South Korea’s food price inflation in the second quarter ranked the third highest among members of the Organization for Economic Cooperation and Development, data showed Sunday.
The prices for groceries and nonalcoholic beverages surged by 7.3 percent on-year in the April-June quarter, the fastest gain since 2011, when food prices rose 7.8 percent in the same period, according to data compiled by the OECD and Statistics Korea.
Far above the OECD average of 1.6 percent, this on-year rise was the third highest among the 38 OECD member countries that announced their inflation indexes for the corresponding quarter, following Turkey and Australia, which topped the list respectively with 18 percent and 10.6 percent.
It climbed up 23 notches from the previous year, when prices for groceries and nonalcoholic beverages rose 2.5 percent, marking the 26th highest among OECD member states.
The key factor boosting Korea’s food prices during the second quarter was a short supply of agricultural products amid the outbreak of bird flu.
For instance, prices of agricultural, livestock and fisheries products grew 17.9 percent on-year in April, with prices of green onions advancing 270 percent, according to the statistics agency.
On the back of higher prices of farm products, consumer prices grew more than 2 percent for the third straight month in June, indicating a build-up in inflationary pressure, data showed.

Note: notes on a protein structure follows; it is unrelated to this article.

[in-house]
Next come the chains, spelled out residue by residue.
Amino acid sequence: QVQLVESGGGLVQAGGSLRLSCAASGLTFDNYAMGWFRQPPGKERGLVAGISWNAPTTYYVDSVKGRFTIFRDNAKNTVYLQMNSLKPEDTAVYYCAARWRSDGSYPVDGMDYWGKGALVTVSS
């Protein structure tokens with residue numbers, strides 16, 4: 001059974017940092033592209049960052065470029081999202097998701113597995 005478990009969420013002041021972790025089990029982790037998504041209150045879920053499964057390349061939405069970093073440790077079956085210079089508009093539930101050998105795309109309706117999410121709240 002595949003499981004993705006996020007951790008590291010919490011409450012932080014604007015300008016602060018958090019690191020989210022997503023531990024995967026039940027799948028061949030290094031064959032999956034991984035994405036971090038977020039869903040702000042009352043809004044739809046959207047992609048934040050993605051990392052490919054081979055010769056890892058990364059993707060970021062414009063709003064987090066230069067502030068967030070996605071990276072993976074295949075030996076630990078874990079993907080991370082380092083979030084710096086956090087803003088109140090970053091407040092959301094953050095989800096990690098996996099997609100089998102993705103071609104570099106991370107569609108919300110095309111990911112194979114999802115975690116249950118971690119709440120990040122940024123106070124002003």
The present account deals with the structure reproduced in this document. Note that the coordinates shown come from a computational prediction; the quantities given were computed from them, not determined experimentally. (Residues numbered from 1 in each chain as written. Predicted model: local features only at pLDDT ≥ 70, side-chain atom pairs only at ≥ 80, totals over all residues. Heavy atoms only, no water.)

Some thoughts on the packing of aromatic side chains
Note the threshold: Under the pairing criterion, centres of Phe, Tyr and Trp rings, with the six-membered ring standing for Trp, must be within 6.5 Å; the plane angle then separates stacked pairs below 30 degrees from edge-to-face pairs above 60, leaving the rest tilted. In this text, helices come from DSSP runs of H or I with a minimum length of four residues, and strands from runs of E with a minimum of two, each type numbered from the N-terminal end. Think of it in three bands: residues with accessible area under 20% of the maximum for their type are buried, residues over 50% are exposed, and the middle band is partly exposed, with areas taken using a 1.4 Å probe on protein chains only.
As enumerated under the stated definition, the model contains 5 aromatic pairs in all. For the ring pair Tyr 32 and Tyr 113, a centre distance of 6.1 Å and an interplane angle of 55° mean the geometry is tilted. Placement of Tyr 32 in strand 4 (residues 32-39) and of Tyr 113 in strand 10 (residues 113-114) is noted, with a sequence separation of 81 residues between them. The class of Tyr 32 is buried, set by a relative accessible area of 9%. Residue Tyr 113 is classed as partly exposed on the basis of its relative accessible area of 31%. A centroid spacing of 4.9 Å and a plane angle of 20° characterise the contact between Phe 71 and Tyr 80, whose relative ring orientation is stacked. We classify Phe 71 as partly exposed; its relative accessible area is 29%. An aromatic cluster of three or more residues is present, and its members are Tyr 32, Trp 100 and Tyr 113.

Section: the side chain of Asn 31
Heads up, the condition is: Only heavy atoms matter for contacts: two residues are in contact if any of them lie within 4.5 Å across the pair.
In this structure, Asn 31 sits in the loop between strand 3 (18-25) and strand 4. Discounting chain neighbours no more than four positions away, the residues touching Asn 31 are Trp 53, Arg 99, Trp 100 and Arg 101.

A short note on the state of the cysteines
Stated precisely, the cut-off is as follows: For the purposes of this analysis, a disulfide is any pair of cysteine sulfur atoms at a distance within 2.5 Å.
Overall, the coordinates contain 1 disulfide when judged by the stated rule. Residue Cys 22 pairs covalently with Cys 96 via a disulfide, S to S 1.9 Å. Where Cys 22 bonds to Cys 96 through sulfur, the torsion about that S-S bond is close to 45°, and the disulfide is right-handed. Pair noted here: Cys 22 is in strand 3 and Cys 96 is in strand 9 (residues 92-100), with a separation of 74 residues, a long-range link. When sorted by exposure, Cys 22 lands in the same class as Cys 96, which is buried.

Such an uptrend in food prices continued to prolong in July, raising concerns that the current contracted supplies will continue to fail to meet demand until next month when the Chuseok holiday starts.
Last month, the price of agricultural, livestock and fisheries products gained 9.6 percent on-year. Egg prices jumped 57 percent, even as the country has reported no cases of bird flu since April, while the cost of apples, pears, red pepper flakes and pork all jumped in the same month -- 60.7 percent, 52.9 percent, 34.4 percent and 9.9 percent, respectively.
Meanwhile, prices of petroleum products climbed 19.9 percent on-year as oil prices picked up amid a global economic recovery.
Responding to the pick-up in consumer inflation, the government plans to bring in 100 million eggs in August and September, respectively, according to the Ministry of Economy and Finance on Tuesday.
“The government will mobilize all policy means to increase the supply of agricultural products ahead of the Chuseok fall harvest holiday slated for September,” it said.
Driven by soaring food prices, eating-out expenses have also risen significantly over the past few months.
According to the data from the Korea Consumer Agency, seven out of the eight dishes most favored by South Koreans when eating out saw their prices go up between the January-June period.
Prices of naengmyeon, or cold buckwheat noodles, in the Seoul metropolitan area, went up nearly 6 percent in April to 9,500 won ($8.29), on average.
The second-largest gainer was gimbap -- a seaweed-wrapped rice roll filled with a variety of ingredients -- which saw a 3.2 percent on-year gain in its prices to 2,731 won.
By Choi Jae-hee (firstname.lastname@example.org